Money drying up to fund natural flood management schemes helping to protect Calderdale

Natural flood management has become an important and successful part of  flood alleviation in Calderdale – but money allocated to it has almost been used up.

Tuesday, 13th July 2021, 11:26 am
Updated Tuesday, 13th July 2021, 11:28 am

Yorkshire Water’s regional lead for water resources, clean water and catchment strategy, Granville Davies, who chairs Calderdale Natural Flood Management Operational Group, told members of Calderdale Flood Recovery and Resilience Programme Board that the time had come to discuss funding again.

To maintain momentum, further funds would be needed.

Mr Davies said: “We are reaching the point where we have allocated or spent all of that money voted over the past few years – we need to open up a conversation with the board about that.

Natural Flood Management scheme

“Hopefully, we can unlock further funding for natural flood management as we go over the next few years.”

A recent expression of interest for funding from the government’s Innovative Resilience Programme, which included £3 million to be made available for natural flood management (NFM), was unsuccessful so other opportunities are being explored, board members heard.

Calderdale Council’s Cabinet member for Climate Change and Resilience, Coun Scott Patient (Lab, Luddenden Foot), said funding had come to an end and it was a big loss losing out on Innovative Resilience Programme cash.

New Metro Mayor Tracy Brabin needed to be involved in funding and supporting natural flood management, he said.

Natural flood management began exploring effective ways of using natural processes to manage flood risk alongside “hard engineering” techniques such as the new channels and walls crfeated by projects such as the recently-completed Mytholmroyd Flood Alleviation Scheme.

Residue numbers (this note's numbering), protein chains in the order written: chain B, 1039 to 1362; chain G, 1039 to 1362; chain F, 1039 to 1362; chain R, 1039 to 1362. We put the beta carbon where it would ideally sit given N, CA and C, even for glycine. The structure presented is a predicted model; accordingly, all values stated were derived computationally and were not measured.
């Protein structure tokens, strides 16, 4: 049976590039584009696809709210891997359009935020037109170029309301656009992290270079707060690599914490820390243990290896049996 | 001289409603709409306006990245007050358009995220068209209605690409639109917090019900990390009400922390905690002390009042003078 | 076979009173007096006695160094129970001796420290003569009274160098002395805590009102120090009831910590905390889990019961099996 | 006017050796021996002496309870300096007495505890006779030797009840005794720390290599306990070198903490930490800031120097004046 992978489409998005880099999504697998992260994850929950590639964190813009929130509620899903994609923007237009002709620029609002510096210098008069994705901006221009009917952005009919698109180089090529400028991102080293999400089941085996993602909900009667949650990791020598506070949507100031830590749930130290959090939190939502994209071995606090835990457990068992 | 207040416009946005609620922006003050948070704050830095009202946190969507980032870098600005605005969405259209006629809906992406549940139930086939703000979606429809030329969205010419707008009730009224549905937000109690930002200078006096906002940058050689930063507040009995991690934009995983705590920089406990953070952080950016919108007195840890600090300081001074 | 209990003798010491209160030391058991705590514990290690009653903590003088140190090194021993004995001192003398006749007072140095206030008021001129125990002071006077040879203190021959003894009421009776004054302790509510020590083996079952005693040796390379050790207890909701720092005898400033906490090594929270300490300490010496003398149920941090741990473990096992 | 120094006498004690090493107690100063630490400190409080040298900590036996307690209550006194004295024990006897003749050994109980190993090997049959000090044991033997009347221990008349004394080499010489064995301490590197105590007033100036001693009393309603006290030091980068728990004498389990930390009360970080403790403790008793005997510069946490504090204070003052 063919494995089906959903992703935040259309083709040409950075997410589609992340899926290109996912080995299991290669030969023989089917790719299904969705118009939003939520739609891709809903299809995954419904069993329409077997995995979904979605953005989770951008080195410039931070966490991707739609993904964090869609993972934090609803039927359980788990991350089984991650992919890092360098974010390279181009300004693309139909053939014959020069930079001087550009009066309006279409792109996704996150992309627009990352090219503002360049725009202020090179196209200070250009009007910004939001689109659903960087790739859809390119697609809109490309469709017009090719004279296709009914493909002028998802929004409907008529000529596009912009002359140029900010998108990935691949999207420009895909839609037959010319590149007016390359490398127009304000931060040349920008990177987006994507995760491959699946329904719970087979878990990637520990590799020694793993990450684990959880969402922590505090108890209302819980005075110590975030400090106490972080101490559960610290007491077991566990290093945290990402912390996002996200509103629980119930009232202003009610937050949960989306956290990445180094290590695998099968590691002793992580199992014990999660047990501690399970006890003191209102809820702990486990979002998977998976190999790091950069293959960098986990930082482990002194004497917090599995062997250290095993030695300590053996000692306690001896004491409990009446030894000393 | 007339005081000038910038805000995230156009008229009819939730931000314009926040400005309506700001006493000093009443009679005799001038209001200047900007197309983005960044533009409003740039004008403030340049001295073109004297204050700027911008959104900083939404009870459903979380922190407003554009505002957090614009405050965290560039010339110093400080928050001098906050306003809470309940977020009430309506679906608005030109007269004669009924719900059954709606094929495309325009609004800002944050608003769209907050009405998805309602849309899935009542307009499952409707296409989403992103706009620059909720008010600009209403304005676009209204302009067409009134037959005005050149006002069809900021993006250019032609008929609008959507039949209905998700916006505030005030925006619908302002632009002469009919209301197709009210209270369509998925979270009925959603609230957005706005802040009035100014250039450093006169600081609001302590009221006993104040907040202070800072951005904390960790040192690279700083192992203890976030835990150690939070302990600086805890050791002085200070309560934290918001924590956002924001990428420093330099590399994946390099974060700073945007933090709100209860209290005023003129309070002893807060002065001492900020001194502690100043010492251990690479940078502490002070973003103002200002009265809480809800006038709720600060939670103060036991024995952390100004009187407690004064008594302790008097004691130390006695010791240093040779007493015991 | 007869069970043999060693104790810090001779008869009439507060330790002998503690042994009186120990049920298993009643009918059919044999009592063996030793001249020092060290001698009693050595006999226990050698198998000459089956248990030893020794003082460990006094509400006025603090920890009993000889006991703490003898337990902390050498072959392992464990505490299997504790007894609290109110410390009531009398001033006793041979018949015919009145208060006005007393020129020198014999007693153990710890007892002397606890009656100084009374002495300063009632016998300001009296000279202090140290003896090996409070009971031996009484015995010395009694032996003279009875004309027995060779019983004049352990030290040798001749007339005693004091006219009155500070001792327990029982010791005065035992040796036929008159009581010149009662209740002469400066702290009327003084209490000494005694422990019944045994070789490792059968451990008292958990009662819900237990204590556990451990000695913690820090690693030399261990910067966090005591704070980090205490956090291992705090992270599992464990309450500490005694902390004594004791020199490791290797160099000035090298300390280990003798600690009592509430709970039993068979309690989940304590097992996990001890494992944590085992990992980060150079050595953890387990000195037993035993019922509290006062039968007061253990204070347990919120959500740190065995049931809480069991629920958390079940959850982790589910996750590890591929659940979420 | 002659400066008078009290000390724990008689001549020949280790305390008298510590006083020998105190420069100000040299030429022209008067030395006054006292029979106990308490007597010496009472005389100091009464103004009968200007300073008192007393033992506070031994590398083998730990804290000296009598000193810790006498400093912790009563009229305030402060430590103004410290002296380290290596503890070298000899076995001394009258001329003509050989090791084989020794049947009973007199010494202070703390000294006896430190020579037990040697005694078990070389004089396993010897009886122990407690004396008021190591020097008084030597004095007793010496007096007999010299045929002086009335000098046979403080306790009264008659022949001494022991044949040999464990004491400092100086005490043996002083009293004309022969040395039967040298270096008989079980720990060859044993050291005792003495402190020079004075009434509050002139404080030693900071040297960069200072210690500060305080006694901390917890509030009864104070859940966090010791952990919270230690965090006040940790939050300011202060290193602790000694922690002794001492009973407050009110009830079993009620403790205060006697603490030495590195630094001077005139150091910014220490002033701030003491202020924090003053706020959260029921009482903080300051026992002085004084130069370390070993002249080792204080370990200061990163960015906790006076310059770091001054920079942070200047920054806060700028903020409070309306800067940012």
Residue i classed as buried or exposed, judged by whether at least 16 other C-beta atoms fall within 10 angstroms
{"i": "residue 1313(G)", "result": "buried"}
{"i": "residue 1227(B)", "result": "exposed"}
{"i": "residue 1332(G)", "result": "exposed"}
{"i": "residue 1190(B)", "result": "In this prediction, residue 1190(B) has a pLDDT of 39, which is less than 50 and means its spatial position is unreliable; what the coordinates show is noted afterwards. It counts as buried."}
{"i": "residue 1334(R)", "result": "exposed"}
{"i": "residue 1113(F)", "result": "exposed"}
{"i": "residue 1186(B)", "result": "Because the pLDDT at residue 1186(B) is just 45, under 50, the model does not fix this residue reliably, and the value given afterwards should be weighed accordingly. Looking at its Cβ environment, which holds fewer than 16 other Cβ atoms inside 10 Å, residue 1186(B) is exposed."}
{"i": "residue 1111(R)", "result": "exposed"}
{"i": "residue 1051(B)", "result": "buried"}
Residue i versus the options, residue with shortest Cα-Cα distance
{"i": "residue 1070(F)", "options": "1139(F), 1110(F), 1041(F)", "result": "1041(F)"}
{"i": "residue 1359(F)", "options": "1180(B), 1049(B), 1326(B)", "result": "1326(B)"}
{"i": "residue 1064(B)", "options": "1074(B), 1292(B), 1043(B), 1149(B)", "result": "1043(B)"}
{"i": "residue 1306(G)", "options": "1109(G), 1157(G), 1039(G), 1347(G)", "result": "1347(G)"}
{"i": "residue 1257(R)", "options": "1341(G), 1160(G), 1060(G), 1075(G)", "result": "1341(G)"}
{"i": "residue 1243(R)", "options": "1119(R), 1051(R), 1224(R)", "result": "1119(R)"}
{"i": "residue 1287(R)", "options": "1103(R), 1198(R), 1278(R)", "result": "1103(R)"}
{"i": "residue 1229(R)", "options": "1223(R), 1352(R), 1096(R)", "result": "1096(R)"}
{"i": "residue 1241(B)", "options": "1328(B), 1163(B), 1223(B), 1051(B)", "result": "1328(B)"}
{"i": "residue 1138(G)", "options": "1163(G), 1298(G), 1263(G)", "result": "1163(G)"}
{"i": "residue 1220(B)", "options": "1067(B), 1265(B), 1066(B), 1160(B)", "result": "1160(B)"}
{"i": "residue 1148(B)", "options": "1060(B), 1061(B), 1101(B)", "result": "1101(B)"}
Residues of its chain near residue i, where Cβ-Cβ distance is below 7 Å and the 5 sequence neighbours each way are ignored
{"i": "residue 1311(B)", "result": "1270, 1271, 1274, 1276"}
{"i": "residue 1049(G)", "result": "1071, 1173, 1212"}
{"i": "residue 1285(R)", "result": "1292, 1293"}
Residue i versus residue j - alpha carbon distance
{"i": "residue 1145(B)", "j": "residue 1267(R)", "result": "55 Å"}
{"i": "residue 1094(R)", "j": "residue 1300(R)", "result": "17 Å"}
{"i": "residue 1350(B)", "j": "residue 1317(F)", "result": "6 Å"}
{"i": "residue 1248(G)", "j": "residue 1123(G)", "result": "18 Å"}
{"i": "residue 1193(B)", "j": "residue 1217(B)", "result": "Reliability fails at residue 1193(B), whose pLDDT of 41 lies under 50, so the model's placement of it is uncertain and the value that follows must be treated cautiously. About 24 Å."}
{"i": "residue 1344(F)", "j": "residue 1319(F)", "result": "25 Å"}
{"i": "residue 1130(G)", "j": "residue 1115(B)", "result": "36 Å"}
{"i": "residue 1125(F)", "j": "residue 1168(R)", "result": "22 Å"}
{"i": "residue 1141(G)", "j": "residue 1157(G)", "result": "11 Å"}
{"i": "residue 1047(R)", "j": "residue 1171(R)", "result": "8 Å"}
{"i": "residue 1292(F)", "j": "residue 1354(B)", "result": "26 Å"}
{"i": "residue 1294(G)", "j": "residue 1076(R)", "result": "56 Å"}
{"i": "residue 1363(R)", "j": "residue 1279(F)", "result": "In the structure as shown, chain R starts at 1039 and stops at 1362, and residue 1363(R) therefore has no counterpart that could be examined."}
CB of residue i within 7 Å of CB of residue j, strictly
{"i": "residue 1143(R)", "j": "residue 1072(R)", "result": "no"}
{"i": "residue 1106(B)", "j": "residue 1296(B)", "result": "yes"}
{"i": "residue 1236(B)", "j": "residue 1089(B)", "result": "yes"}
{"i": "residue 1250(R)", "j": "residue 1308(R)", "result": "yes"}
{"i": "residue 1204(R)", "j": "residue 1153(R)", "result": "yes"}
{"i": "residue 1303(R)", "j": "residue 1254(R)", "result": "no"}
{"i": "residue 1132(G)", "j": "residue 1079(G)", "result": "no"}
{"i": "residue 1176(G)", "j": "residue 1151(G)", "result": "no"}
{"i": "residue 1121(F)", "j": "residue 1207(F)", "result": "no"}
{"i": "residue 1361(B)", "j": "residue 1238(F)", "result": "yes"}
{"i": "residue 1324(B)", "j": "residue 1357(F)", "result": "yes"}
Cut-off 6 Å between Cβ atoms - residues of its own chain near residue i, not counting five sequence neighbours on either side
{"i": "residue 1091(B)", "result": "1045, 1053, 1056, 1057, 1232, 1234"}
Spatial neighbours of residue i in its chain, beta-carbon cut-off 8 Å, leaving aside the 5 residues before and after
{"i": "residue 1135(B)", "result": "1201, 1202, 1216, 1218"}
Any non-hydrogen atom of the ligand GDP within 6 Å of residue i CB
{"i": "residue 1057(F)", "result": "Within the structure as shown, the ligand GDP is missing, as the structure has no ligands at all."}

An example of this has been work done in partnership with Slow The Flow, whose “leaky dams” help slow the rate water.

Grant money has also been made available to landowners to make improvements on their properties.

Mr Davies said 25 new potention natural flood management sites were receiving botanical surveys and round three of the NFM landowner grant scheme was now open – this is inviting applications from landowners around Todmorden.

Eighteen schemes under the NFM grant are now complete and a further seven partially finished, with four of the latter expected to be completed this winter.

Two more schemes are awaiting contact with the landowner and seven projects have been withdrawn by landowners, said the report.

Around £412,000 in funding has been allocated to schemes and to date £274,390.60 has been spent.

The latest, Todmorden, scheme has £70,000 available for schemes around the town, is now open and applications will be judged in early August.

Clough woodland creation, set to be undertaken through the Yorkshire Water and National Trust programme Landscapes For Water, has seen the first area to be planted identified and plans are progressing – Gorpley above Todmorden, Mr Davies said.

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